Yen surges as Abe quits, stocks rally anew on consumer spending - GulfToday

Yen surges as Abe quits, stocks rally anew on consumer spending


Patrons read about Prime Minister Shinzo Abe’s resignation in front of the Tokyo Stock Exchange in Tokyo on Friday. Agence France-Presse

A gauge of global equity markets rose to a new high on Friday as US consumer spending in July suggested a strong economic rebound lies ahead, while the Japanese yen surged on safe-haven buying after Prime Minister Shinzo Abe resigned for health reasons.

The dollar slid and gold rose almost 2%, reversing their directions from Thursday, when the US Federal Reserve laid out its new stance on inflation, which reinforced expectations of a prolonged low-interest-rate environment.

Longer-term yields climbed sharply on Thursday after Fed Chair Jerome Powell unveiled a new approach to monetary policy that puts more emphasis on fighting shortfalls in unemployment and less weight on concerns about higher inflation.

US consumer spending increased more than expected last month, raising expectations for a sharp rebound in growth in the third quarter, though momentum could ebb as the COVID-19 pandemic lingers and fiscal stimulus dries up.

The Commerce Department report also showed a rise in personal income after two straight monthly declines, while monthly inflation pushed higher.

Momentum is driving US equities higher, said Tim Ghriskey, chief investment strategist at Inverness Counsel in New York.

“A lot of this is momentum. It’s just fear of being left behind, fear of missing out,” Ghriskey said. “Value has been outperforming growth, and you’re seeing that reverse today. When growth underperforms for a period of days, it tends to rebound very sharply. We’re seeing that in market preferences today.”

MSCI’s benchmark for global equity markets rose 0.4% to 585.55, after earlier setting a new intraday high, while stocks on Wall Street also rallied, with technology leading the way.

The Dow Jones Industrial Average rose 0.3%, the S&P 500 gained 0.30% and the tech-laden Nasdaq Composite added 0.62%.

In Europe, stocks slipped as investors dumped this year’s outperformers, including technology and healthcare stocks, and bid up banking shares after the Fed unveiled its new policy framework.

The broad pan-regional FTSEurofirst 300 index dropped 0.39% to 1,431.48.

In Japan, the benchmark Nikkei 225 share index closed down 1.4% while the yen, seen as a safe-haven currency to buy in times of uncertainty, strengthened 1.20% versus the greenback at 105.29 per dollar.

The yen was on course for its biggest one-day jump since March, when the coronavirus pandemic roiled global markets.

There has been speculation about Abe’s health all week but the resignation of Japan’s longest-serving premier rattled investors, given he has spearheaded efforts to revive growth through his reflationary “Abenomics” policies.

Some analysts said the yen’s rally seemed excessive given Abe’s successor was unlikely to alter economic policy significantly because Japan remains in the middle of a battle to avoid deflation and lift growth.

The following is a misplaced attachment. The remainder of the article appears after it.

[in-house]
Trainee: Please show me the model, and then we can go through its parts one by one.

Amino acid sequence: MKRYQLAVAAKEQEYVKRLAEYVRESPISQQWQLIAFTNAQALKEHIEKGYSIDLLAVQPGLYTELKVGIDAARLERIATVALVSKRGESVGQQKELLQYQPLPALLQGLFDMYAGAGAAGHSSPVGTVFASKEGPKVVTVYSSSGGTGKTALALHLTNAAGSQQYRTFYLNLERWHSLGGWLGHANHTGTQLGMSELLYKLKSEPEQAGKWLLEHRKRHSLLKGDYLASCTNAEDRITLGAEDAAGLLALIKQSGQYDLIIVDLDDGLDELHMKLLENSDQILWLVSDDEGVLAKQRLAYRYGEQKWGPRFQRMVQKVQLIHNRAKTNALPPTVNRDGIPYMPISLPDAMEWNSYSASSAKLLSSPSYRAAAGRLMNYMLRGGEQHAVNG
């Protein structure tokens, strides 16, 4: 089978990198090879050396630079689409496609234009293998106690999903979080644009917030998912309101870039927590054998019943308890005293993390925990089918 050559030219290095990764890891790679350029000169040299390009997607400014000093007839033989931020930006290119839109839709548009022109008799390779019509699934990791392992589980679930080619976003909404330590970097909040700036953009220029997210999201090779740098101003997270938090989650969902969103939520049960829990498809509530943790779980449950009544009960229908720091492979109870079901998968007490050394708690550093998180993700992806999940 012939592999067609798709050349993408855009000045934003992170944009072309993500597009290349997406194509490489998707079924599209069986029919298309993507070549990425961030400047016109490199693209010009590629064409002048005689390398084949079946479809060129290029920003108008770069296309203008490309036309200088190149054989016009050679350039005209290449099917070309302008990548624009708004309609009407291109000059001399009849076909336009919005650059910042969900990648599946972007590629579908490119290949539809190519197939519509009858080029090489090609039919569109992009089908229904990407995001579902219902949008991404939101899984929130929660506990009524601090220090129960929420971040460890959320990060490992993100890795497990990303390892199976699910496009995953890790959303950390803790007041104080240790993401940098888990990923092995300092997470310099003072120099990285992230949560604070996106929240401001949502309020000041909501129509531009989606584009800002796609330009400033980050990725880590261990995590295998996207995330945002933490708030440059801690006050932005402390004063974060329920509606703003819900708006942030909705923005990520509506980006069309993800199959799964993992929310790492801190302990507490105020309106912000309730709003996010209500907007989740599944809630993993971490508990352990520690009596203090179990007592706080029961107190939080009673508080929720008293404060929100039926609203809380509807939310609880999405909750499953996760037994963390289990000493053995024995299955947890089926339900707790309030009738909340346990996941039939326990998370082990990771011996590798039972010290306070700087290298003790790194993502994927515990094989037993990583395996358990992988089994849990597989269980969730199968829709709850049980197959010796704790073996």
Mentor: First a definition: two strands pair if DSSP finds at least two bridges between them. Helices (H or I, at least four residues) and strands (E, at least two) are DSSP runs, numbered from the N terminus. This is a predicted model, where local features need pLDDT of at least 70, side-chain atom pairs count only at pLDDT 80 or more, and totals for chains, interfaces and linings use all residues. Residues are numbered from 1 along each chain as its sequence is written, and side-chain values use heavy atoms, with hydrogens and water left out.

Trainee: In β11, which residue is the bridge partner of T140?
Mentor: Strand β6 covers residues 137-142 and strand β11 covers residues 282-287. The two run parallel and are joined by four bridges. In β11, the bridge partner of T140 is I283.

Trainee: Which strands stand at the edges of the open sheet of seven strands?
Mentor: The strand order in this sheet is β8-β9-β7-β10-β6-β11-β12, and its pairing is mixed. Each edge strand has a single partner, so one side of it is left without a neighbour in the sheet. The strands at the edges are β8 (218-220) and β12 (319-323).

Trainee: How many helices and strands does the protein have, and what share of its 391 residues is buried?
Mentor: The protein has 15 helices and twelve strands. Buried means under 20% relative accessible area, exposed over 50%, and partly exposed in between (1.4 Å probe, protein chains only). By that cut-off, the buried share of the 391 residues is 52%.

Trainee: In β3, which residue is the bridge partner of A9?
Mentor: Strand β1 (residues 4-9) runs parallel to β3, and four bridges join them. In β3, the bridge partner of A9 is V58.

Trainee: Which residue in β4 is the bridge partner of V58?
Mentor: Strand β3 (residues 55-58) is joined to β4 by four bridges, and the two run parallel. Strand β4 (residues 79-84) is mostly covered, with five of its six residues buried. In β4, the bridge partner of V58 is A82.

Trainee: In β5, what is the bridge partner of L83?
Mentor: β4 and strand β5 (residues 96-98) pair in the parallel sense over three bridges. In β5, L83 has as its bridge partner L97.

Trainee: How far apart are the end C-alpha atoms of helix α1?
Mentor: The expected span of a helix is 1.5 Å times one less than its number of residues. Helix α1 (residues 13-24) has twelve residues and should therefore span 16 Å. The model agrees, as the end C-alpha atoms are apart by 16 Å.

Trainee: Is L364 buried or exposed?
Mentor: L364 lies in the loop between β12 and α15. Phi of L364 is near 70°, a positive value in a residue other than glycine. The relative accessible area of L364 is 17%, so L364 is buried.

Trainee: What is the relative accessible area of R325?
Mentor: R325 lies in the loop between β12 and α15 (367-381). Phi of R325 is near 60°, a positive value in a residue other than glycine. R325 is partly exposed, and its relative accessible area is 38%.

The yield on the 10-year US Treasury note fell 2.5 basis points to 0.7178% as investors rebalanced intermediate-dated debt following large auctions earlier this week.

US Treasury auctions of roughly $150 billion worth of 3-year, 5-year and 7-year notes received strong demand starting on Tuesday. The decline in yields on each of those instruments on Friday likely reflected traders repositioning, said Subadra Rajappa, head of US rates strategy for Societe Generale.

German bond yields briefly rose to their highest since early June after the Fed’s decision to target average inflation.

Oil prices inched lower as storm Laura passed the heart of the US oil industry in Louisiana and Texas without causing widespread damage and companies began to restart operations.

Spot gold prices rose 1.98% to $1,967.11 an ounce.

Oil prices inched lower on Friday as Hurricane Laura passed the heart of the US oil industry in Louisiana and Texas without causing any widespread damage and companies were beginning to restart operations.

Brent crude futures for October, set to expire on Friday, were down 11 cents to $44.98 a barrel by 11:01 a.m. ET (1501 GMT.) US West Texas Intermediate (WTI) crude fell 18 cents to $42.86 a barrel.

Both benchmarks were on track for weekly gains of about 1.3%, with WTI headed for a fourth straight weekly rise. The benchmarks hit five-month highs earlier in the week as US producers cut crude output ahead of Laura at a rate close to the level of 2005’s Hurricane Katrina.

“The oil trade has been featured by strong advances at the start of the week as a sizable amount of storm premium was pumped into the market ahead of Hurricane Laura, followed by a major erasure of hurricane premium following the storm’s arrival as limited impact on offshore crude production or refinery activity was indicated,” said Jim Ritterbusch, president of Ritterbusch and Associates. Indeed the market has been stuck in an unusually long spell of low volatility, analyst Eugen Weinberg at Commerzbank said, in contrast with stock markets.

“It didn’t even react to a weaker dollar. There’s no impulse in either direction. It has seldom had so little volatility for such a long period, especially given the dynamic situation on the demand and supply sides,” Weinberg said.


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